Alice Lewis admits she hasn't kept up with all the issues concerning the slow-growth initiative. But the Laguna Hills resident says she doesn't have to look much further than her own back yard to see the toll that growth and development has taken on her neighborhood.
Lewis, 64, said she feels the Board of Supervisors has turned a deaf ear on residents' concerns about growth, leaving them helpless to fight wealthy developers who use their pocketbooks to win favoritism from county government.
Many other Orange County residents feel the same way. In a poll conducted for The Times by Mark Baldassare & Associates, 58% of the respondents said the Board of Supervisors represents the interests of developers, not residents, on the issue of growth.
The Orange County Poll published Sunday also showed that 72% of the 600 residents questioned by telephone last week favored the Citizens' Sensible Growth and Traffic Control Initiative, which would condition future growth on the ability of local roads and public services to handle increased workloads.
Supervisors said the poll results were prompted by a lack of public awareness. Board Chairman Harriett M. Wieder said Sunday that the board is a traditional "scapegoat" because the public is not aware of its actions to relieve traffic congestion. She said the public incorrectly assumes that developers who contribute heavily to the supervisors' reelection campaigns have greater access to county officials.
Proof of Neglect
In interviews Monday, poll respondents who believe supervisors represent the interests of developers said they are all too aware of the impact of growth. They said the traffic situation was proof that the board has not done enough to relieve congestion, and many pointed to situations in their own neighborhoods as evidence.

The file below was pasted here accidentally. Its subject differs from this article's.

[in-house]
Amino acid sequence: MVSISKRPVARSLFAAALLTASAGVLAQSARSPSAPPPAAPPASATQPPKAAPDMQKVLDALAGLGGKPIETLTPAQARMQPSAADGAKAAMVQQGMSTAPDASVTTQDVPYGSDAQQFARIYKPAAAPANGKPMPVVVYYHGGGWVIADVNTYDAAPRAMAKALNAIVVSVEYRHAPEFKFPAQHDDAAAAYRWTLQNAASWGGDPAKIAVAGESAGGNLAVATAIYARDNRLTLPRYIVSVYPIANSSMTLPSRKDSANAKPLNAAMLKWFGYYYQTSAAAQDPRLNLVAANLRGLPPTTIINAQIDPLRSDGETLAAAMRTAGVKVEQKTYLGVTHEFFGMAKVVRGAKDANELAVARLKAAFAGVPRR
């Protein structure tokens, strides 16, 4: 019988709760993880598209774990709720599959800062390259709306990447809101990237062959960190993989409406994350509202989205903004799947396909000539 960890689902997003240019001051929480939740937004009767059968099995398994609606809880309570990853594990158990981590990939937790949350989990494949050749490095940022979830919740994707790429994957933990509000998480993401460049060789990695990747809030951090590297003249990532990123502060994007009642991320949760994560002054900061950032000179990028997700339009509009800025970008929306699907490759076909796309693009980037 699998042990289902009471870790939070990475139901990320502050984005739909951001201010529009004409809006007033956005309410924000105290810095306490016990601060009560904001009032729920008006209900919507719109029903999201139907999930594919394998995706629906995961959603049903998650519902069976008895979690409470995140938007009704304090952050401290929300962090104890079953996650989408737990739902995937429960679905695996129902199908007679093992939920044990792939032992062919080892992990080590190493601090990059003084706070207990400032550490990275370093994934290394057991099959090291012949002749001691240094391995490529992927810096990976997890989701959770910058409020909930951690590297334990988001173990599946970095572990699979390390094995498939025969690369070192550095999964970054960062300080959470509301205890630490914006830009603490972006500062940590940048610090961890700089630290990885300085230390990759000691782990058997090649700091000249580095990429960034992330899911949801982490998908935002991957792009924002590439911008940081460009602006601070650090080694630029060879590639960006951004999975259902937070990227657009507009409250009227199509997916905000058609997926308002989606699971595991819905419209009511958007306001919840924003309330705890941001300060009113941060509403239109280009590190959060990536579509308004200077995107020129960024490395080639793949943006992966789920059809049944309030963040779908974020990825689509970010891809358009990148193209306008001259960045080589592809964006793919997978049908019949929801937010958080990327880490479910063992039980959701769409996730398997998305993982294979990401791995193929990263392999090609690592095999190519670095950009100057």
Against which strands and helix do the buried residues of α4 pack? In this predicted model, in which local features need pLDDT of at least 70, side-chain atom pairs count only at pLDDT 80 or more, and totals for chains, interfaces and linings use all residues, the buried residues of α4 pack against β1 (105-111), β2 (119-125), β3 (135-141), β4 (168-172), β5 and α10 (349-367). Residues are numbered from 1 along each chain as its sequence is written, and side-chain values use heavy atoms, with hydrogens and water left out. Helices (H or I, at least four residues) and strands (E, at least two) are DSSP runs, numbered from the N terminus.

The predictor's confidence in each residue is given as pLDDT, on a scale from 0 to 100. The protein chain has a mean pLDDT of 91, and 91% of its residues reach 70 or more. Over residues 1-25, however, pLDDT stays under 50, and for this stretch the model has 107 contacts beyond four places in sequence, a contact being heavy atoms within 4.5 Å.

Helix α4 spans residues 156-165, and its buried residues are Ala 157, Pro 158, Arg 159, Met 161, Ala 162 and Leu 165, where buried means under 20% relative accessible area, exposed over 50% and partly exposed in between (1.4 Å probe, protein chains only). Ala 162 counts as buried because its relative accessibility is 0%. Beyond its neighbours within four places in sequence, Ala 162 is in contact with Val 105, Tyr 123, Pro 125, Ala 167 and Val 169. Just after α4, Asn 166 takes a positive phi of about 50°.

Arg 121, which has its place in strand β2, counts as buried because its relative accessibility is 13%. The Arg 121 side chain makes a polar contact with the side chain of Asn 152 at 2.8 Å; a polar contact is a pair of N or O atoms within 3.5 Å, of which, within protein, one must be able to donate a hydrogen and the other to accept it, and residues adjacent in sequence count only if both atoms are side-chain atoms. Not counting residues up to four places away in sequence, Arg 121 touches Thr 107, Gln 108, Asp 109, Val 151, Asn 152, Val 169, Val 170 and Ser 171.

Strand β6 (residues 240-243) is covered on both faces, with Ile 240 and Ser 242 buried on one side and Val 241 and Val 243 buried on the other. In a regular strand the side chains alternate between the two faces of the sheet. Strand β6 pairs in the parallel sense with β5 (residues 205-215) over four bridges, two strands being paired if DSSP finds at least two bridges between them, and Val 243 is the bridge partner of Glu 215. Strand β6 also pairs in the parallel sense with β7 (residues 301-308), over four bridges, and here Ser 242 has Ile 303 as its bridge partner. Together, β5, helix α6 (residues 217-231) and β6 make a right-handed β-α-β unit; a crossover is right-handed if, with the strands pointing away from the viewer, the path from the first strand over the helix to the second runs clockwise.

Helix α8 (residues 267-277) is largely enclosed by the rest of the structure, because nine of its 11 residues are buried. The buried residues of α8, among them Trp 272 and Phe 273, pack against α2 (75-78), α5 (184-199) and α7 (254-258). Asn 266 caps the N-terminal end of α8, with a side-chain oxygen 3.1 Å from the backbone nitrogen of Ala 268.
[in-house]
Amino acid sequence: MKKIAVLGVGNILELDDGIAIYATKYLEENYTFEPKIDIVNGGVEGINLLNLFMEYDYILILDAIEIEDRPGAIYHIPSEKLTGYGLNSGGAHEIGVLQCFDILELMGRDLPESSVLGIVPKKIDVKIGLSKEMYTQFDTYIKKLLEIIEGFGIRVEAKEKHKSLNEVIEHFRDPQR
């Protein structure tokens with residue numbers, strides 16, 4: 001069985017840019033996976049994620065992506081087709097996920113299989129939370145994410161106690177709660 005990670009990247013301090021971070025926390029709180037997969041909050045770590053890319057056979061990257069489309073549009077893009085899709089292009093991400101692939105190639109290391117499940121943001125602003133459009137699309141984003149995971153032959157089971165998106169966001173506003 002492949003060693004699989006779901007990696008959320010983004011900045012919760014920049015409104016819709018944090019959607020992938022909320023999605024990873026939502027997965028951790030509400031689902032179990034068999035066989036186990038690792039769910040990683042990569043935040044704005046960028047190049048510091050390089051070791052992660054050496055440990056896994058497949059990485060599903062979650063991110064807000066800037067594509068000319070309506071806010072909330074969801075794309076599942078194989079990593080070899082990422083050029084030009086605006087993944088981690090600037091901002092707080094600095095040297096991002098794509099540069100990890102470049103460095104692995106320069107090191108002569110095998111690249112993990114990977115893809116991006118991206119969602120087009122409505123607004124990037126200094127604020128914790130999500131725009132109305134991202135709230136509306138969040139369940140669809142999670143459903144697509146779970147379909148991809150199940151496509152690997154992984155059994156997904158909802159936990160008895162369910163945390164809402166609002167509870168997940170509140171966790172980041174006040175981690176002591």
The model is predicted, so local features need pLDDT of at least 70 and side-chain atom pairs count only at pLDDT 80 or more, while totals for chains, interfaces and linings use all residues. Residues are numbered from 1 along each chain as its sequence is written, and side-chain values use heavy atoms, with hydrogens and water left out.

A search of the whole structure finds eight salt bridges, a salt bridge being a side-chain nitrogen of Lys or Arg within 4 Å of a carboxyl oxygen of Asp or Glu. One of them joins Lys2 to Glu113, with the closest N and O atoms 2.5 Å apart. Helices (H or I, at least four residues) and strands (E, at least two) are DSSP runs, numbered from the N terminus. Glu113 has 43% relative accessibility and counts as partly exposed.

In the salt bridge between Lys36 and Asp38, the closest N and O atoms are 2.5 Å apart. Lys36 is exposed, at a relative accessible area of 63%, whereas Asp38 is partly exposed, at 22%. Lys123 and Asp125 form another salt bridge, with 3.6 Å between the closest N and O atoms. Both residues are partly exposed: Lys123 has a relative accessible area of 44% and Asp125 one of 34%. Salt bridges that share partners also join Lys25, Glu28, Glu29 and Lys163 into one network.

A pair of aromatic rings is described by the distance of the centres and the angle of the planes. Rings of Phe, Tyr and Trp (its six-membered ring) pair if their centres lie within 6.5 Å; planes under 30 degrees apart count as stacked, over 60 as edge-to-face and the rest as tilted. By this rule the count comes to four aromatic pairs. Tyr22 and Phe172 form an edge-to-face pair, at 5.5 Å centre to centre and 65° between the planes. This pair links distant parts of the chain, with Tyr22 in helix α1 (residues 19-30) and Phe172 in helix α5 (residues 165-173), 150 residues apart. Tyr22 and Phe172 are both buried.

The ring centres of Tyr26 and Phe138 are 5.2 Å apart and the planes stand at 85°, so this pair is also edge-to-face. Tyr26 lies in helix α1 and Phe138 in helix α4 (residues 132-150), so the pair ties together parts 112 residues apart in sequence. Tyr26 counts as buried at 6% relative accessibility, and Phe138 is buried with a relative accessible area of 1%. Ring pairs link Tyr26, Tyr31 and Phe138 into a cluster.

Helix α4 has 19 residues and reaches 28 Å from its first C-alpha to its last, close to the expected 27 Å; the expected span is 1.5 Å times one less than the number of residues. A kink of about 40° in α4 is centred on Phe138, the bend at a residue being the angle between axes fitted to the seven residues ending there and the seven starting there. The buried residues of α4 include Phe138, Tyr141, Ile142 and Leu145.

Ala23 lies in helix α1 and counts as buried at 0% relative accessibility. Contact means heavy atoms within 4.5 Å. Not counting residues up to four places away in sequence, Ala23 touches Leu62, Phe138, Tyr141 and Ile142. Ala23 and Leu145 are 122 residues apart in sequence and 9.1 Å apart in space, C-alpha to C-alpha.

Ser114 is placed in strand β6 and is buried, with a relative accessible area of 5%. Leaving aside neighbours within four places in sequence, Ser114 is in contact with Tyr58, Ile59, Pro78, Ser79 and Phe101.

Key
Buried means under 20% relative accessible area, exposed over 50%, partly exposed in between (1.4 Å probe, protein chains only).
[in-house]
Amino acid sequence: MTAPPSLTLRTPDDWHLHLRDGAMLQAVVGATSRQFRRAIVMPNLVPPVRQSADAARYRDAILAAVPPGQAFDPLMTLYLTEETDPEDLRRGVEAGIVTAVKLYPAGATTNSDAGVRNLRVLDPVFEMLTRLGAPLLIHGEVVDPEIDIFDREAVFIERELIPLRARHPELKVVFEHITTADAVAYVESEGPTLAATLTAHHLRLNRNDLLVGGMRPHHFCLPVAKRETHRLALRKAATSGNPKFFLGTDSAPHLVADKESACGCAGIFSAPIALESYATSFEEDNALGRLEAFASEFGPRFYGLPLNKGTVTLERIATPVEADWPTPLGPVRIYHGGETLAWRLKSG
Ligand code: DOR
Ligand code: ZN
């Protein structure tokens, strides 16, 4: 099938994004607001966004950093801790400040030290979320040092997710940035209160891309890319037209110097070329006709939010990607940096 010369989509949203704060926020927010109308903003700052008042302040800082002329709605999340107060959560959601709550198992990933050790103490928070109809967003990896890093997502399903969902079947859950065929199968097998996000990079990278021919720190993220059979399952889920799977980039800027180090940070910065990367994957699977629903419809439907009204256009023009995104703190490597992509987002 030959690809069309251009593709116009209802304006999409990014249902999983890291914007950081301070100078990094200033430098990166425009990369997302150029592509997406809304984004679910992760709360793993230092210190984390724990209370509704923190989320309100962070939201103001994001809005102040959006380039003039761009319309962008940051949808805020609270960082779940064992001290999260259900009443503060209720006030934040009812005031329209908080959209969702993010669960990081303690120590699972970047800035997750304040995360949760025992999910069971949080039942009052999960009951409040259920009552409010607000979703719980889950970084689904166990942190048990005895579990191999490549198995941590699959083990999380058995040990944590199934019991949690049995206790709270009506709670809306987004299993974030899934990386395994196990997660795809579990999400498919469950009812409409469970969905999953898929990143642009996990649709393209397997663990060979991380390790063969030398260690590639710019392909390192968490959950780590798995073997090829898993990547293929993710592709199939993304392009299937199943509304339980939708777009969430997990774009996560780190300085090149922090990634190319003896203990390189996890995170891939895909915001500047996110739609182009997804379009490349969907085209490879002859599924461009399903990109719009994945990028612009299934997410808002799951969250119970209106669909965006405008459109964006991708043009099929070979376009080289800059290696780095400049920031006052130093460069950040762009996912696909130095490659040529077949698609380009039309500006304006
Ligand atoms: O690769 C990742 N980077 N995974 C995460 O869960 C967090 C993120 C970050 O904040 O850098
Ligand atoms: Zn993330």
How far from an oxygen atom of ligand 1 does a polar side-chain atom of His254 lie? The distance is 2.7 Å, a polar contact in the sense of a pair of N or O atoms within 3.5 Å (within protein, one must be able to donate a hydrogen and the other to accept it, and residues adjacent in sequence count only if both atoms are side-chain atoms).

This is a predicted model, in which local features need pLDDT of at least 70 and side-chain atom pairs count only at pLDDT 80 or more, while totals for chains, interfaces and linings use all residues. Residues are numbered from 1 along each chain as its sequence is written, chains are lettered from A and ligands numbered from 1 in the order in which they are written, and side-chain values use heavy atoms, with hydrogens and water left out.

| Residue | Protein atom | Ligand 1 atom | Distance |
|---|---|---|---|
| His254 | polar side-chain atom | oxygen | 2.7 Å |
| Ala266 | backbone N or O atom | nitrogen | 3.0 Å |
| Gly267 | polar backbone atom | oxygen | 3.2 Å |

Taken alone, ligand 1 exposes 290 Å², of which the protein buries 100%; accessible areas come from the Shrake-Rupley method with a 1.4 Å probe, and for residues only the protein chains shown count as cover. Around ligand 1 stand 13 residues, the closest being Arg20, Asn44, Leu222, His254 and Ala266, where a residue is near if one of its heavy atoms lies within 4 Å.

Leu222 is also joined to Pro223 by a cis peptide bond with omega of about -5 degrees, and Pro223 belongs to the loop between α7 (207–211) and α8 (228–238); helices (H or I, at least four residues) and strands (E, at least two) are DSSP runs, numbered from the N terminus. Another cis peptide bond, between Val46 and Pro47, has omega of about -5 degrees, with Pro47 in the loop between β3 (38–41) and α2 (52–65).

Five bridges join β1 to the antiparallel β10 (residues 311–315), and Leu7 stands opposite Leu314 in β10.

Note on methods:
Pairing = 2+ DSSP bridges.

"When you live in Orange County, you can't help but notice it's growing too fast, and the government is not as concerned about the effects on the general population. If they were, things wouldn't be in the state they are now," said Charles Bouley, 25, of Huntington Beach.
"I used to have lots of strawberry fields around me. Not anymore, I have condos. Of course (the supervisors) would say they are doing good for Orange County."
Robert Burnett, 39, said he is concerned that the level of public services has not kept pace with the new developments. He is worried about the level of fire and police services, as well as traffic problems.
"The area that bothers me most is the inability to drive from one area to the next. It's so difficult to get around in private transportation, and public transportation hasn't been upgraded either," Burnett said. "Sooner or later, somebody will have to pay for it. And it probably will have to come sooner. If we don't do something to upgrade or limit growth, we will be like New York."
Effects of Development
Deborah Adent, 27, of Laguna Niguel, said residents there feel the effects of development every day, when it takes two or three hours for a trip that should require only 45 minutes.
"Money talks, and developers have money. (Supervisors) are not interested in what people want. People are saying they don't want any more buildings. As of right now, there is so much traffic that the freeways can't take any more. From 7 a.m. to 9 p.m., the freeways are just jammed. It's bumper to bumper. The developers, because they have money, are the ones who pull the weight, not the people," she said.
"I don't believe (the supervisors) are scapegoats. They are voted into office to do what people want, and they are not doing that. So maybe it's time to vote them out."
Supervisor Don R. Roth said supervisors are sensitive to the residents, but it is difficult to take care of all the needs.
'Best We Can'
"We've done the best we can with the amount of dollars we have to operate with," Roth said. "I would love to do more, but we are limited.
"Some of the same people complaining also have indicated in other polls that they would not support any type of sales tax or gas tax increase or anything else. So that makes it difficult."
Supervisor Thomas F. Riley said the supervisors have had to deal with some very emotional issues, but he doubts that everyone understands the reasons the supervisors have approved some projects and the benefits that will come from them.
"No sane person enjoys being criticized, particularly when it implies something less than fairness and integrity. I suppose it's the good old American attitude, and I hope it doesn't change, that you want your side to win. The sad thing is the implication that the board is being less than honest."